Why children should learn to code

Why Children Should Learn to Code

Guest Article

 

Learning how to code is akin to learning a new language. In a study on bilingualism published on NCBI, it was discovered that learning another language has cognitive benefits. These benefits begin at childhood, where kids are able to better adjust to their environment, retain information, and extend even beyond dotage. Now, coding may not be a language per se along the lines of, say, Spanish or Mandarin, but it is a language nonetheless. Even Apple CEO Tim Cook vouched for coding as a language, encouraging everyone, including kids, to learn coding because it is a language that can be used to express oneself to 7 billion people across the world. He even goes as far as saying that coding “should be required in every public school in the world.”

Why Children Should Learn to Code

Just as important, coding improves problem-solving skills. Coding, keep in mind, teaches you to approach something in much the same way a software engineer tackles a problem: by employing logical, computational thinking. Crucial to developing computer applications, Medium outlines how computational thinking can also be used in problem solving. It teaches kids to tackle a big problem through decomposition (breaking down the big problem into smaller, more manageable problems), pattern recognition (looking for patterns and trends), abstraction (identifying principles responsible for observed patterns), and algorithm design (coming up with step-by-step solutions to solve each small problem). This process improves creativity as well, as making an algorithm design necessitates the utilization of creativity. It also teaches patience, and big picture thinking, which are important life skills.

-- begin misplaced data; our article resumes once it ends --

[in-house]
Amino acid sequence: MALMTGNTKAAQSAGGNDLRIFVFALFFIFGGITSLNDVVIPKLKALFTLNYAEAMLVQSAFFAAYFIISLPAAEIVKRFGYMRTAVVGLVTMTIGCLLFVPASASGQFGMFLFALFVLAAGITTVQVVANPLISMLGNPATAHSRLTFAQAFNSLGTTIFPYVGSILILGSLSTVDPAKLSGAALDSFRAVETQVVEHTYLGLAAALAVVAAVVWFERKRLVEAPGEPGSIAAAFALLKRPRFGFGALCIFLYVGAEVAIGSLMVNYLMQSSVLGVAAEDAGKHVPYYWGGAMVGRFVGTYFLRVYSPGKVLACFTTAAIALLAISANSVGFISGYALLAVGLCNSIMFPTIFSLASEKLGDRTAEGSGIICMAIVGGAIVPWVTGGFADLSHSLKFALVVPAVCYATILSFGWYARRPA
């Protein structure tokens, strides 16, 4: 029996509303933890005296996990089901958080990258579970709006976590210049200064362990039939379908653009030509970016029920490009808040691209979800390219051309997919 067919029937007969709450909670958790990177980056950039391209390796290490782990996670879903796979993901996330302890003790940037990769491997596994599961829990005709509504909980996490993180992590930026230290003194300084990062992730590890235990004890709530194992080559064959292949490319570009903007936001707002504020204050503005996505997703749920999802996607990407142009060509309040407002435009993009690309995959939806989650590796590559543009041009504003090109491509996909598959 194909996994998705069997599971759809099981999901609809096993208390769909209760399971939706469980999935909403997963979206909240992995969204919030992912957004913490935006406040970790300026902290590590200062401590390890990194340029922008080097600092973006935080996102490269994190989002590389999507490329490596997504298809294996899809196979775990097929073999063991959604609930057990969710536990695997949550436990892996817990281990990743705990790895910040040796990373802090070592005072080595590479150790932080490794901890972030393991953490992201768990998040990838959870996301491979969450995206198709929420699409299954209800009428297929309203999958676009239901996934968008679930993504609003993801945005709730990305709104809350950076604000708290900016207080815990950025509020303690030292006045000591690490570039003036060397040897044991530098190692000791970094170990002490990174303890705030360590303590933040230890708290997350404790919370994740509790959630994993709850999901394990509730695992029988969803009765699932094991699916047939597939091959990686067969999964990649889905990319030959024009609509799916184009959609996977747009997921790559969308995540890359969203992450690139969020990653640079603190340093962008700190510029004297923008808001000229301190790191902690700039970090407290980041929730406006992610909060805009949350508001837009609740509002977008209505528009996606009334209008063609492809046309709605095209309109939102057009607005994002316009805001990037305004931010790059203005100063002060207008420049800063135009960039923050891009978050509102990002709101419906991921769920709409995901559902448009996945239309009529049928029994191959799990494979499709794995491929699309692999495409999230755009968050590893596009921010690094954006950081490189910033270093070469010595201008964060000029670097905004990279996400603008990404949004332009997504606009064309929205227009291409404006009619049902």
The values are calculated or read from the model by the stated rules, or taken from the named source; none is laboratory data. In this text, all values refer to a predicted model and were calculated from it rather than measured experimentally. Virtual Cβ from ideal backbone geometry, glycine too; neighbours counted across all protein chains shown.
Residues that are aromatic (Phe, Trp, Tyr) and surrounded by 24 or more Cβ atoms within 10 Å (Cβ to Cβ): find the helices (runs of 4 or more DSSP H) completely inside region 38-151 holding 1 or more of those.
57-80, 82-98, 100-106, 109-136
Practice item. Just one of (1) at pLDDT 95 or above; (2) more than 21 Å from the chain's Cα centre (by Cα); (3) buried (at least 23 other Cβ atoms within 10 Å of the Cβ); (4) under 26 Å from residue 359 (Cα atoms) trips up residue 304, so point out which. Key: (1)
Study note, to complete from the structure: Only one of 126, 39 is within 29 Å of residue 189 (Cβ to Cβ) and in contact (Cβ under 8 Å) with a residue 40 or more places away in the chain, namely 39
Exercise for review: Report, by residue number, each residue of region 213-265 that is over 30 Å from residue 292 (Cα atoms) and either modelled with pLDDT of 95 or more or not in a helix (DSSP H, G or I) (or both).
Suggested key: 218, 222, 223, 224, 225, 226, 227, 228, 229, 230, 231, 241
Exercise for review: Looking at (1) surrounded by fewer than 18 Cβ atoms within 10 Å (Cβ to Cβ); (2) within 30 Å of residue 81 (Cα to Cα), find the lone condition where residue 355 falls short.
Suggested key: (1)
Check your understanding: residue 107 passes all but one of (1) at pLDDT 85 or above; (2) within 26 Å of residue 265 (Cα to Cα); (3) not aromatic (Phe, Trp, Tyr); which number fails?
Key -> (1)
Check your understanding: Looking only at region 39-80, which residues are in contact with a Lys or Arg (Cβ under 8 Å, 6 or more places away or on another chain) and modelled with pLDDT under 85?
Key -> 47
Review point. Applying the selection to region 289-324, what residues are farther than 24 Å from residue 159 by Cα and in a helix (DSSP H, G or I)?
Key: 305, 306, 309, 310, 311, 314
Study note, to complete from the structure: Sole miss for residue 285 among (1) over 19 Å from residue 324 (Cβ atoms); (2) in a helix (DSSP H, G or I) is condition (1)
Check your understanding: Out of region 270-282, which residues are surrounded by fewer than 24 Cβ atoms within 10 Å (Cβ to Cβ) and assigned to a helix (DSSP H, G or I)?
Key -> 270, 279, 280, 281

Moreover, teaching kids how to code helps open up doors for them in the future. In ‘Why Learning to Code Is so Important for Children’ the Edadvocate points out that coding is one of today’s most popular occupations, and “it is getting more popular day by day.” A head start in this field at a young age is thus an advantage, more so because by being knowledgeable about coding helps prepare kids for a range of lucrative jobs in the IT industry, like becoming a computer programmer, IT specialist, or cyber security information specialist. Introducing kids to this world via coding, therefore, makes sense — equipped with literacy for the digital age, these same kids can pursue coding when it comes to higher education, or in any related field, as preparation for a career in IT.

The challenge, obviously, is how to teach coding to young minds. Fortunately, there are child-friendly, easy-to-use programming languages available, like the MIT-developed Scratch, for instance, or Google’s Blockly. Still, teaching how to code is a challenge; but Scratch co-creator Mitch Resnick shared with Edutopia an approach worth taking. He recommends “getting students to work on projects, based on their passion, in collaboration with peers, in a playful spirit.” Resnick explains that kids will have a deeper connection to coding — and any learning for that matter — if they are passionate about what they are doing, and they are inspired by their peers and having fun. It is an approach worth taking, especially if the trade-off is teaching kids something that will benefit them greatly both in the short and long term.


This is a guest post written by Theresa Nadine, an early-childhood educator with 15 years of experience. She loves working with kids and in her spare time she loves to share her knowledge with her peers.

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